Rolfe goes on to say:
Today, Buffett remains famous for investing The Right Way…
…But it turns out much of the story is fiction. A good chunk of his fortune is dependent on taxpayer largess. Were it not for government bailouts, for which Buffett lobbied hard, many of his company’s stock holdings would have been wiped out.
The gist of the article is while backing companies like General Electric (NYSE:GE) and Goldman Sachs (NYSE:GS) with debt, Berkshire Hathaway (NYSE:BRK.A) holding stocks like Well’s Fargo (NYSE:WFC), Bank of America (NYSE:BAC), and US Bank (NYSE:USB), Buffett has used his weight to save Berkshire Hathaways and hence his own investments. As a result he is a major benefactor of the bailout. The take away for me is that the author feels that Buffett’s skin in the game makes his support of the bail outs unethical.
Then he goes on to say…
Yeah, Buffett TALKS a lot about derivatives, about leverage, but what does he DO? He trades derivatives and, if I recall correctly, has said he doesn’t want to see more substantial margin requirements.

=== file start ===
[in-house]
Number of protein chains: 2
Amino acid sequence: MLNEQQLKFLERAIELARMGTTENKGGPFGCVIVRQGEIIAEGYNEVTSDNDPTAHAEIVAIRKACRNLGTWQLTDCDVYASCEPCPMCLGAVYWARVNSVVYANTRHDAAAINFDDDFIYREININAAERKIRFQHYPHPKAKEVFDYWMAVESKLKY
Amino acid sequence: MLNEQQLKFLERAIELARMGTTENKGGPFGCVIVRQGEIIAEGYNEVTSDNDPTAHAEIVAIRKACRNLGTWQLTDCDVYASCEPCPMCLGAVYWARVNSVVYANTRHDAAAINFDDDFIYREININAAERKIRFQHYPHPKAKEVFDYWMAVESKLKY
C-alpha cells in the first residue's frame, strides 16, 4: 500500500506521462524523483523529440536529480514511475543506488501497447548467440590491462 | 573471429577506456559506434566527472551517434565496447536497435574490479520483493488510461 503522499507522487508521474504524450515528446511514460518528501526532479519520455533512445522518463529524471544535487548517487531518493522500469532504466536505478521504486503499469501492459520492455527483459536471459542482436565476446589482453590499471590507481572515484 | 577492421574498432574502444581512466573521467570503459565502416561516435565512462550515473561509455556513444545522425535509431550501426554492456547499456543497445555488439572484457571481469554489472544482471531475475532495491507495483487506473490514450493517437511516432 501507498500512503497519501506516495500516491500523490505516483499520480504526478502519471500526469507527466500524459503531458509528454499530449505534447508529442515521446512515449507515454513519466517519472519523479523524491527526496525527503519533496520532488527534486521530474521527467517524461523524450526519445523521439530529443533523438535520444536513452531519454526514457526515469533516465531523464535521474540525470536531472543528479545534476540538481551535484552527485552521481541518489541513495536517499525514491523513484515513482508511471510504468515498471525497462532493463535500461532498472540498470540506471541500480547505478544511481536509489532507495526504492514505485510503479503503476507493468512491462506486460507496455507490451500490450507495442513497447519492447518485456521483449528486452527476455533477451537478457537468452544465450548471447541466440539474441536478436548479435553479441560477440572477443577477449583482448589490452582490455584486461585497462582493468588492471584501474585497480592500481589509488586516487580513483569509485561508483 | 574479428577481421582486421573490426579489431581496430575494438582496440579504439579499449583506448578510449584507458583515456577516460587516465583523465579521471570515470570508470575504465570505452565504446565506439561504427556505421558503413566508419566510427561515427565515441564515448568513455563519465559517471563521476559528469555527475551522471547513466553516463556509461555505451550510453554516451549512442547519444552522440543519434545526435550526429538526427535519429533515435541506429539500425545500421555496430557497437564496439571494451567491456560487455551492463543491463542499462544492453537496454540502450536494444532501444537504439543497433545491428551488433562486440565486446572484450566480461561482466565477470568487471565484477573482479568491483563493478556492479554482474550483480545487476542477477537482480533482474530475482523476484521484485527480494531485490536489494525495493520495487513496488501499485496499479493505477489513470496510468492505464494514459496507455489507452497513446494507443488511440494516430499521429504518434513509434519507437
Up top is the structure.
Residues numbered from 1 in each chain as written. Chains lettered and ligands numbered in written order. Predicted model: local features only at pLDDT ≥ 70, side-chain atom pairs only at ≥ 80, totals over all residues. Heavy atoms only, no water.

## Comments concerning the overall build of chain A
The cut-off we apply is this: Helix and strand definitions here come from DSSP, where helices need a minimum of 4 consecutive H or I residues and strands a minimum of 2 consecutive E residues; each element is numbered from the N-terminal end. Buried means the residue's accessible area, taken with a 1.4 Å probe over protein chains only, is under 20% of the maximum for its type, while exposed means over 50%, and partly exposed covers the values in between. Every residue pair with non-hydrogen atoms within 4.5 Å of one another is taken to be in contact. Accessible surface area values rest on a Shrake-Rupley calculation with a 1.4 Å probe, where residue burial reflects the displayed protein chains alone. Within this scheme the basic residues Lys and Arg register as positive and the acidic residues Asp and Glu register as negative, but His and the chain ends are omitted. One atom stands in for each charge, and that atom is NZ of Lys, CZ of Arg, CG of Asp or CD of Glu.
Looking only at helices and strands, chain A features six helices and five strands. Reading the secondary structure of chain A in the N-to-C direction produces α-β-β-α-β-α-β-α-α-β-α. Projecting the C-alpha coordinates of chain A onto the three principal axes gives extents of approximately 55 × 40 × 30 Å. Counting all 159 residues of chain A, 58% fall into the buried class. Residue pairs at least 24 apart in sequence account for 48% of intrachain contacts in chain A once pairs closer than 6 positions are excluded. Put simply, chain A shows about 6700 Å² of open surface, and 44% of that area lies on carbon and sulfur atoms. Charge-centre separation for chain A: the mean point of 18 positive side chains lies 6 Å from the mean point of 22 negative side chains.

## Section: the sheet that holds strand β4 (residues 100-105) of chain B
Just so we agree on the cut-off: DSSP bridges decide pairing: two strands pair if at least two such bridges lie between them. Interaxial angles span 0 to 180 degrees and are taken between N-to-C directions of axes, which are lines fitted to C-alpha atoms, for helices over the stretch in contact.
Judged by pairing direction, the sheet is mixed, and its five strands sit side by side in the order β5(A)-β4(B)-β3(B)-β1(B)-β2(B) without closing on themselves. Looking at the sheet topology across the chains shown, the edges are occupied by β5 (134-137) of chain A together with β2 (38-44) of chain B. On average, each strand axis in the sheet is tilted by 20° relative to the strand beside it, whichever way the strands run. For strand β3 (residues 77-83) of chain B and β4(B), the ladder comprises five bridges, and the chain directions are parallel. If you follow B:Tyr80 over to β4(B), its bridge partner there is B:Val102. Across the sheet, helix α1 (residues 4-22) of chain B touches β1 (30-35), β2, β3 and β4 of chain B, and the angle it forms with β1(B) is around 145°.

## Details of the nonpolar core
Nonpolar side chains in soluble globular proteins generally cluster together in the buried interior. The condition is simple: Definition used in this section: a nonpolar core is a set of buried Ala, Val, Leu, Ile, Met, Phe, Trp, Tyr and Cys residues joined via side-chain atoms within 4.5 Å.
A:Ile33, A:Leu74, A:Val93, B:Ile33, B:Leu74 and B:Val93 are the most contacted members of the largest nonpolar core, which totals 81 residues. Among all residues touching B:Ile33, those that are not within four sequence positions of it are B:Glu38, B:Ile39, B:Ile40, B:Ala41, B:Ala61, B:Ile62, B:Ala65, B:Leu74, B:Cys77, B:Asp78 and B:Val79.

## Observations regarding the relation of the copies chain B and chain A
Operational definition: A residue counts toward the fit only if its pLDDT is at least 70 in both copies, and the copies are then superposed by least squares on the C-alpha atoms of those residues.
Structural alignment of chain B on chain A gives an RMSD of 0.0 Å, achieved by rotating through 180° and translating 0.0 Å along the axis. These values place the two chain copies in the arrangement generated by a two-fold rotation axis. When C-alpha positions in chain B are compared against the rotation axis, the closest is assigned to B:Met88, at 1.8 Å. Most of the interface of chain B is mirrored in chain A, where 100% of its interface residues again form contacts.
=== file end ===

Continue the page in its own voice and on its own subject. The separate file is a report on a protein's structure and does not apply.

And I didn’t even mention the accounting shenanigans these guys are playing. Buffett SAYS a lot about accounting integrity, but his businesses are engaged in some very shady number fudgery.
And what about the General Re case? Everyone forgets that now too.
People give Buffett a free pass because they think, deep down, he really cares about their interests. I think he does too. Just not when they conflict with his own.
I spent about 30 minutes working a response to this article. To argue what I believe some misleading statements. Then I noticed this morning that the article has been picked up on Seeking Alpha. Browsing through the comments I found someone that resonated most of my thoughts which you can read here.
The only other thing I think worth mentioning is the derivatives statement. People love to poke at Buffett, going on about how he has said they are “Dangerous” and “financial weapons of mass destruction”. Well you don’t have to dig to deep to hear his explanation of those contracts. At this year's shareholder meeting someone asked him about this and (forgive my memory these are not exact quotes) his answer was basically, “yes they are dangerous. Cars are dangerous too when not used properly. ” “We felt these contracts were mispriced and we feel we will make some money on them in the long term, in interim we have premiums to invest today”.
Things that are complicated can be dangerous, especially depending on who is employing them. This also means they can be mispriced.
Disclosure: I own shares of Berkshire Hathaway at the time of this writing.